Researchers have found that human activities are causing the spread of a virus that is deadly to frogs and other amphibians. The virus is spreading quickly in areas with more human traffic, especially wealthy neighborhoods. The findings are in a paper that was just published in the journal Proceedings of the Royal Society B: Biological Sciences.
Ranaviruses are large viruses that infect amphibians, reptiles, and even some types of fish. The viruses cause severe infections that are usually fatal to the diseased animal. Amphibians are already in decline due to climate change, fungal infections, and pollution. The outbreak of pathogens, including ranaviruses, can further devastate local amphibian populations.
A team of scientists utilized data from a citizen science project called the Frog Mortality Project. United Kingdom residents reported any dead, dying, or diseased frogs they found in their area. The researchers combined this information with their own datasets to form spatio-temporal models. The models could be used to analyze and track the spread of ranaviruses.
The team found that ranavirus outbreaks were becoming more common over time. They also discovered that ranaviruses had been introduced to the United Kingdom from other countries, including the United States. The viruses spread much faster in urban areas and other locations with high amounts of human activity. The team also observed another trend—ranaviruses were spreading rapidly in wealthier neighborhoods. Scientists believe this is at least partially due to residents purchasing and releasing animals into garden ponds. Transporting animals from one water source to another is especially risky since it only takes one infected frog to kill all of the amphibians in a pond.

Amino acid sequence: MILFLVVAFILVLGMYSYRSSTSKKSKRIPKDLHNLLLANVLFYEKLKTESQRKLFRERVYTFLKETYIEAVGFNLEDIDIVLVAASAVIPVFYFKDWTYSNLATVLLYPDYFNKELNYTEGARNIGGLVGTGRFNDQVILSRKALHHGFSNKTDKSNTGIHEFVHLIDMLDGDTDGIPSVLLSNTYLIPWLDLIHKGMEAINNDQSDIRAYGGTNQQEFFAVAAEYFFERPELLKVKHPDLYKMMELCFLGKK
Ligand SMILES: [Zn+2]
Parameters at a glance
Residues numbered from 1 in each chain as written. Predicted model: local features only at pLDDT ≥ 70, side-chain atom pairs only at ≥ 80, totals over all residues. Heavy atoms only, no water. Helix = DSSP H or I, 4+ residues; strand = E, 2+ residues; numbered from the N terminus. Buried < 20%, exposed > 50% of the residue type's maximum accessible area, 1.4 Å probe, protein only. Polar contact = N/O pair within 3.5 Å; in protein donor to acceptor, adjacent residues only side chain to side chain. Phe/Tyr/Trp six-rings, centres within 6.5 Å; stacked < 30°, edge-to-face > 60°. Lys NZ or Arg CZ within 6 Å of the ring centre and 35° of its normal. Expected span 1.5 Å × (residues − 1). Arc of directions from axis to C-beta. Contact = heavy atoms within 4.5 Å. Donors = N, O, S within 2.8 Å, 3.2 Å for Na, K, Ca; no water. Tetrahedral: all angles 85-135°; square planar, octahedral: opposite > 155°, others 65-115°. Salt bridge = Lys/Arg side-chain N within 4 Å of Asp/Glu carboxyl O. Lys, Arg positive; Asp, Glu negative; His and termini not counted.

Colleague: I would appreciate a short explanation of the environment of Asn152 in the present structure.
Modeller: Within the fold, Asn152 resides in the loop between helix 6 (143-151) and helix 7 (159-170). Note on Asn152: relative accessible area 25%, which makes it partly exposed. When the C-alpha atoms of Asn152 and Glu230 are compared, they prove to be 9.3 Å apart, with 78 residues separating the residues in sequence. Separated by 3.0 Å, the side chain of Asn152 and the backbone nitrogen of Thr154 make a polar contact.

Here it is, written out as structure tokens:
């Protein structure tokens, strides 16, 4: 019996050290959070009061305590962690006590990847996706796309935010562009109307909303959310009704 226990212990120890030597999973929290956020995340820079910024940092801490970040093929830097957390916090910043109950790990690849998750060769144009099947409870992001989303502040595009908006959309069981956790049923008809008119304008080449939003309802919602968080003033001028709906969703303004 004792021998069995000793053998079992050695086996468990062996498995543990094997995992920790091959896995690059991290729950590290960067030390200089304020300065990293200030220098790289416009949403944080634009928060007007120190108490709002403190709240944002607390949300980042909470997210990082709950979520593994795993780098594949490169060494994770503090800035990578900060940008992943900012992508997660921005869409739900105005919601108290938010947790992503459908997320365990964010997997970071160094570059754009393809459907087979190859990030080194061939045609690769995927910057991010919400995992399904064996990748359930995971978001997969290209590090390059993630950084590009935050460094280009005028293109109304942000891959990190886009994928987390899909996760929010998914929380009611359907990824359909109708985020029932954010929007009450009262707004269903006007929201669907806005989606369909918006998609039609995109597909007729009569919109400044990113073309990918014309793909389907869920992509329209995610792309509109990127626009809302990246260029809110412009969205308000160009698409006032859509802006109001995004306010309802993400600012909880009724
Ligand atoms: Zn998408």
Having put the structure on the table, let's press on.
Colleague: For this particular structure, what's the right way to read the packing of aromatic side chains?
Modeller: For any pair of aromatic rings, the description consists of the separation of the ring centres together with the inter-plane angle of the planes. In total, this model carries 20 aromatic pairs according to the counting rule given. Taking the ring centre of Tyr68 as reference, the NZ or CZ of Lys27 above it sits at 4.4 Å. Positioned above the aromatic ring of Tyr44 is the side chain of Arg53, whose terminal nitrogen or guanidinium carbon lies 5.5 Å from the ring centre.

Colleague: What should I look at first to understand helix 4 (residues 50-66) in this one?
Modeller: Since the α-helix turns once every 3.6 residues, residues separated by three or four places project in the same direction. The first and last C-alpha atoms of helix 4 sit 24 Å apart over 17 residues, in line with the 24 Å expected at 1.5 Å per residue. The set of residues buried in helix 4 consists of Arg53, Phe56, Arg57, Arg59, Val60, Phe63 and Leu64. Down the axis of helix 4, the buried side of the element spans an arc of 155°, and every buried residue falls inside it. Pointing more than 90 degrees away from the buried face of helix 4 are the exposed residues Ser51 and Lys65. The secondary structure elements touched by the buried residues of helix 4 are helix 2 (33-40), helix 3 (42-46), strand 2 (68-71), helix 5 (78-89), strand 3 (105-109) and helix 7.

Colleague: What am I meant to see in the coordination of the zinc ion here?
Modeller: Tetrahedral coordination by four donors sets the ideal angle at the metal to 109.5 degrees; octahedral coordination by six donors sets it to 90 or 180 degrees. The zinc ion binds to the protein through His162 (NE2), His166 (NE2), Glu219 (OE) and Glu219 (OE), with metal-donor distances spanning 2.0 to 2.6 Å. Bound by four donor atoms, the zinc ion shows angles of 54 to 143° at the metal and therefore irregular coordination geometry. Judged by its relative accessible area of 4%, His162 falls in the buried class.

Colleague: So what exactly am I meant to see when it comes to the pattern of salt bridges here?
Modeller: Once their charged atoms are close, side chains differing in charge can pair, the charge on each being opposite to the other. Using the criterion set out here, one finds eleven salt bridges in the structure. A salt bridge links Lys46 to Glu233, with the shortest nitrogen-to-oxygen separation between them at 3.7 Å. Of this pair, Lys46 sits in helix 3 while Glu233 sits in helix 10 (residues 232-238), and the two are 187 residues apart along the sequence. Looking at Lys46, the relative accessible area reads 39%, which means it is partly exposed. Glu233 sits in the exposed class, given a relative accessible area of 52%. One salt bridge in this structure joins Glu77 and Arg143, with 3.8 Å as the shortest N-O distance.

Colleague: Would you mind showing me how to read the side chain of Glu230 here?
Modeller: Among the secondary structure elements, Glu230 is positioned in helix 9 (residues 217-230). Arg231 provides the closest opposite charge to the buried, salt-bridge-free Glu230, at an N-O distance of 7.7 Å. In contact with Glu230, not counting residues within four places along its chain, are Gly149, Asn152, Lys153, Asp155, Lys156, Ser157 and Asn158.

The team’s findings emphasize the value of citizen science projects for collecting large quantities of data. The research team found that human activity was a major contributor to the spread of deadly ranaviruses. The study’s authors recommend that homeowners research reputable animal sellers and avoid moving animals between ponds.
Stephen J. Price et al. Reconstructing the emergence of a lethal infectious disease of wildlife supports a key role for spread through translocations by humans. Proceedings of the Royal Society B: Biological Sciences (2016).